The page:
The State Worker

Chronicling civil-service life for California state workers

July 28, 2011
Ken Hamidi battles SEIU Local 1000 again over union's audit

OB KEN HAMIDI 2003.JPGKen Hamidi hasn't given up his quest to decertify the Service Employees International Union Local 1000, but the union says his efforts are not gaining much traction.

Hamidi, an employee at the Franchise Tax Board who made national headlines while working for Intel, has attempted each of the past few years to get other state workers represented by Local 1000 to challenge the union's annual financial audit.

The numbers show how much money the union spends on direct representation such as collective bargaining compared to what's considered under state and federal law to be non-germane to direct representation, including donations to election campaigns.

In 2010, 32 percent of the union's spending was designated as non-germane. Included in that category was $5.4 million for political activity and $12.9 million for meetings and activities with affiliated groups.

Hamidi and other formal "challengers" argue that the union's audit, done by an independent firm, is incorrect and that the percentage of non-germane spending is actually higher. A union spokesman and its attorney counter that Hamidi's claim has no merit and that he is just trying to find ways to bankrupt the union so he can replace Local 1000 with his own group, California Professional Public Employees Association.

Almost 34,000 of the 95,000 workers represented by the union are not actually members. They pay a lower amount of dues each month known as a fair share fee because they don't receive death benefits, group health plan benefits or special discounts from third parties. Some pay an even lower fair share fee because they object to paying for non-germane expenditures.

Hamidi said in a recent email to followers that he could "confidently ... guesstimate that over 30,000 of us filed NGOs" -- referring to the acronym for objections to paying dues for non-germane expenditures -- "which is a record in history of any union."

He added that he also could "confidently guesstimate" that about 19,000 of the objectors chose to challenge the 32 percent figure, "which is by far a record in history of any union since the inception of the Fair Share Fee!!!"

SEIU assistant chief counsel Felix De La Torre said the union received about 13,000 objector filings this year and a steady 10,000 or so each year during the past decade. He wouldn't give out exact numbers of objectors or challengers, saying the union "would be playing into Hamidi's game at that point" if they disclosed those figures. He said Hamidi has not driven a significant increase in filings.

"He wants to make it sound like he's creating some bigger revolution than he is," De La Torre said. "His whole motive is that he wants to be president of the union. He's really a non-issue. He should be on 'The Jerry Springer Show' or something."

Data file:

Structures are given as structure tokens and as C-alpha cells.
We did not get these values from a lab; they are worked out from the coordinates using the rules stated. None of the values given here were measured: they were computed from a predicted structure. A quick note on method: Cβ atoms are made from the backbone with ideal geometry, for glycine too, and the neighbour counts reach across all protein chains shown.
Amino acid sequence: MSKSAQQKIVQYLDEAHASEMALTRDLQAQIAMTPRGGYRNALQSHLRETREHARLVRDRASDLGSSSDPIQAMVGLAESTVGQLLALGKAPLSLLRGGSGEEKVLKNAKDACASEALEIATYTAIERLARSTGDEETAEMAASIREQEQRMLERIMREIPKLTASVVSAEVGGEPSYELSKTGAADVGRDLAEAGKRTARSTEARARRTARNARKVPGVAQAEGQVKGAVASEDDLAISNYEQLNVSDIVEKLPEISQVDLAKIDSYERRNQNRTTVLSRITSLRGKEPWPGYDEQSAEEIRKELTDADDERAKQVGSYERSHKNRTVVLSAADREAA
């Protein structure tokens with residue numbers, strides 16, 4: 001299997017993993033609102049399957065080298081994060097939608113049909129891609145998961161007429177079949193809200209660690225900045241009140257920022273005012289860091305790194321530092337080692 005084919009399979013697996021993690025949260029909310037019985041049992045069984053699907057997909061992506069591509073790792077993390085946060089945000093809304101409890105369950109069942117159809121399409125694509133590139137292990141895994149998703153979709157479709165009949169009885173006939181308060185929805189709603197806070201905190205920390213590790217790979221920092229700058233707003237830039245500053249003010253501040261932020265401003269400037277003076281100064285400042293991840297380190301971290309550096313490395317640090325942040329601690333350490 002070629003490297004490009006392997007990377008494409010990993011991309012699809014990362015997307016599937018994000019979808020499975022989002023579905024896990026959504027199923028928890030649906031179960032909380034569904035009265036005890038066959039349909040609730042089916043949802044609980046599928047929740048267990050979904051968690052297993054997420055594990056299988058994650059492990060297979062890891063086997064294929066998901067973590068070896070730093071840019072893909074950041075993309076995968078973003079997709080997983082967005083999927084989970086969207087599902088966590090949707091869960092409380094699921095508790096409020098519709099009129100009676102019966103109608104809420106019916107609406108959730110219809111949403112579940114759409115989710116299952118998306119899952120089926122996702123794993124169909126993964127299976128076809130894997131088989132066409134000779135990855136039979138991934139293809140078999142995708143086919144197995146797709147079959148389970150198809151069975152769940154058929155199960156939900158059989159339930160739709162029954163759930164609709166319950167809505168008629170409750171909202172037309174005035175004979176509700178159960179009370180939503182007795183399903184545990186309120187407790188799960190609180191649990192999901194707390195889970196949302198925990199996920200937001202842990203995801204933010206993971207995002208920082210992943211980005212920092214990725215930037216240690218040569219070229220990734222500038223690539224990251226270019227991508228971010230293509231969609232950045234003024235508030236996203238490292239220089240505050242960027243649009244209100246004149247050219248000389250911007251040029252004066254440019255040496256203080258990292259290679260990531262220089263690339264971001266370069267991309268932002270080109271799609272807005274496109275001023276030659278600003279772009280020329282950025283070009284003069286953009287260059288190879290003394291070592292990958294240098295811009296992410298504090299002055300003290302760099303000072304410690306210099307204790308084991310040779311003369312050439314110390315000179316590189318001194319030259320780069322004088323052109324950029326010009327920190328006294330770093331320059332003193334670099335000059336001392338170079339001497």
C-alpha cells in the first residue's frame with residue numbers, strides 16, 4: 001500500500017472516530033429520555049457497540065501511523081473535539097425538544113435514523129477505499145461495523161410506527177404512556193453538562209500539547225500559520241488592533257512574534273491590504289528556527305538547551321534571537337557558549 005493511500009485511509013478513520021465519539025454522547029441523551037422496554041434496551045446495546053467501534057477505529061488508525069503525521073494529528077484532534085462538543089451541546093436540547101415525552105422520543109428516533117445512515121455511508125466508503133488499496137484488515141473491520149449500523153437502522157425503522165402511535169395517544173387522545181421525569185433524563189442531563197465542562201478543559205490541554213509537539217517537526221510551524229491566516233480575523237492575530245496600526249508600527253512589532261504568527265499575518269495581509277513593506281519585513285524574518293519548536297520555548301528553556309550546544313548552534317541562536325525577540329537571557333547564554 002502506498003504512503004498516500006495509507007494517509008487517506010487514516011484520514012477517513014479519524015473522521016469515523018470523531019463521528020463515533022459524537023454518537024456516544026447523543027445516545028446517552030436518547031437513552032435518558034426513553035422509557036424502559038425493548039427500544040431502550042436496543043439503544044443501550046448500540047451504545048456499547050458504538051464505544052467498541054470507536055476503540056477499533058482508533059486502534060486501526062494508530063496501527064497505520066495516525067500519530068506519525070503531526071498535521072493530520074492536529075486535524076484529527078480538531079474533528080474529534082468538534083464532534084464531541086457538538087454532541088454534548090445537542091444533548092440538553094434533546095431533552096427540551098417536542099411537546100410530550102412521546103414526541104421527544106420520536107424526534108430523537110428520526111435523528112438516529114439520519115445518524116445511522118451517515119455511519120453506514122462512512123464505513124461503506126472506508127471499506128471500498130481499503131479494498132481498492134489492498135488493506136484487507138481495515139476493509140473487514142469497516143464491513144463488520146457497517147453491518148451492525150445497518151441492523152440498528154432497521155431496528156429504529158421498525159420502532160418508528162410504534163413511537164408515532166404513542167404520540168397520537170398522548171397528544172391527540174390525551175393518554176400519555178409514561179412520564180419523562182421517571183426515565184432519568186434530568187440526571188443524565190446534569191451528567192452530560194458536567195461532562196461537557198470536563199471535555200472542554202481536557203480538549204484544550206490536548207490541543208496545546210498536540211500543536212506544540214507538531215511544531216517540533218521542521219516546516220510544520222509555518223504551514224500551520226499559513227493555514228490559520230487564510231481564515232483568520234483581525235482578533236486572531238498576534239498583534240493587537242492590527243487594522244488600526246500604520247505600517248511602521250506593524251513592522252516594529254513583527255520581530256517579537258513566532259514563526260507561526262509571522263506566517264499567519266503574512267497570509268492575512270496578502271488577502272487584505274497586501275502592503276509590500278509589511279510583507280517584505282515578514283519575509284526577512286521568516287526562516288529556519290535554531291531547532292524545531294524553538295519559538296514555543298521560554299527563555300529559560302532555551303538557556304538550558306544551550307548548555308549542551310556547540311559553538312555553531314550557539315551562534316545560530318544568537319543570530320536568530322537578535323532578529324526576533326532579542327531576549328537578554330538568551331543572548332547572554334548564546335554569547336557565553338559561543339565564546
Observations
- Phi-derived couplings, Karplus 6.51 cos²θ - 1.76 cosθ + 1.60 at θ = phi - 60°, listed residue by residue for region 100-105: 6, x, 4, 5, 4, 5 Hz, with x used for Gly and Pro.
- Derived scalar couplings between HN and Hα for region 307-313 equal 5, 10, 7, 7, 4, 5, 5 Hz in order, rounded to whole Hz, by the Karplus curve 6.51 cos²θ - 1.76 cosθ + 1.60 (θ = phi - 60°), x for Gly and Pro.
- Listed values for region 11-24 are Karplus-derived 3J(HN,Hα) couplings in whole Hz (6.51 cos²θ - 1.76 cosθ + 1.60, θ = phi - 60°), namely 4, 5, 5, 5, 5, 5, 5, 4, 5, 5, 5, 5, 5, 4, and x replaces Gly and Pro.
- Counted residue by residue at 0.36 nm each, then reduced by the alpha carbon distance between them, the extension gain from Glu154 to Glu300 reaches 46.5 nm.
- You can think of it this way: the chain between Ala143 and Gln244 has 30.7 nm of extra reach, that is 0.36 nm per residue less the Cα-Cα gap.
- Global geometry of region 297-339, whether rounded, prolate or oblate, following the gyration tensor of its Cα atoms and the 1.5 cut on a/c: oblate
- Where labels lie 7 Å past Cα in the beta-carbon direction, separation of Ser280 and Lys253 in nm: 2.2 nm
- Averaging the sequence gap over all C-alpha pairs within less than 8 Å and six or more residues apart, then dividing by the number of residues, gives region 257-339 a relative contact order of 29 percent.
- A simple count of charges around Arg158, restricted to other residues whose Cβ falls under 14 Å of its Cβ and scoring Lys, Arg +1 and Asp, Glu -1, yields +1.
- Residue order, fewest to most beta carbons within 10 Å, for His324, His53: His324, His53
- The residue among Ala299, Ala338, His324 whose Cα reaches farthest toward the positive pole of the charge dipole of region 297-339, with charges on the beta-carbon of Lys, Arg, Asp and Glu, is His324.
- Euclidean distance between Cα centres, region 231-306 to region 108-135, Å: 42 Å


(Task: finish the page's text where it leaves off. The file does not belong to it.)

Hamidi, who ran as a Libertarian in the 2003 recall election that Arnold Schwarzenegger won, finished third when he ran in 2008 for Local 1000 president. The union's current president, Yvonne Walker, was re-elected in May.

Hamidi's current estimates are based on his assertion that 1,500 fellow tax board workers filed objection forms.

"Until they remain unaccountable, we have to publish the figures, which we calculate based on the only inferential methods and means available to us," Hamidi wrote in an email. "SEIU is in possession of the documents and they have the burden of proof, not us."

Hamidi has challenged expenditures each of the past three years and lost each time during arbitration.

"He's obviously a very persistent person, but at its core, the substance of his accusations is wrong," said Local 1000 spokesman Jim Zamora. "He's bothersome, but he keeps losing."

Hamidi's history with the union also involves an altercation at Local 1000 headquarters that resulted in a judge imposing three temporary restraining orders instructing Hamidi to stay away from the building.

Hamidi, however, has tried something different this year. He's persuaded many challengers to give him power of attorney, meaning he'll advocate on their behalf at an arbitration hearing next month to decide whether the union's audit is accurate.

"The economy is bad, and they are taking our money with no accountability and transparency," he said. "They are just using us as cash cows. It's nothing but extortion. We are going to hold their feet to the fire."

De La Torre said he doesn't think much of Hamidi's challenge. "He has no interest in winning," he said. "He just wants to agitate."

But Hamidi remains confident that thousands and thousands of state workers are behind him.

"SEIU Local 1000 is terrified of our methodical, smartly designed, and well-calculated decertification tsunami," he said.

PHOTO CREDIT: Ken Hamidi photographed Aug.15, 2003. (Sacramento Bee / Owen Brewer)

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About The State Worker

Jon Ortiz The Author

Jon Ortiz launched The State Worker blog and a companion column in 2008 to cover state government from the perspective of California government employees. Every day he filters the news through a single question: "What does this mean for state workers?" Join Ortiz for updates and debate on state pay, benefits, pensions, contracts and jobs. Contact him at (916) 321-1043 and at


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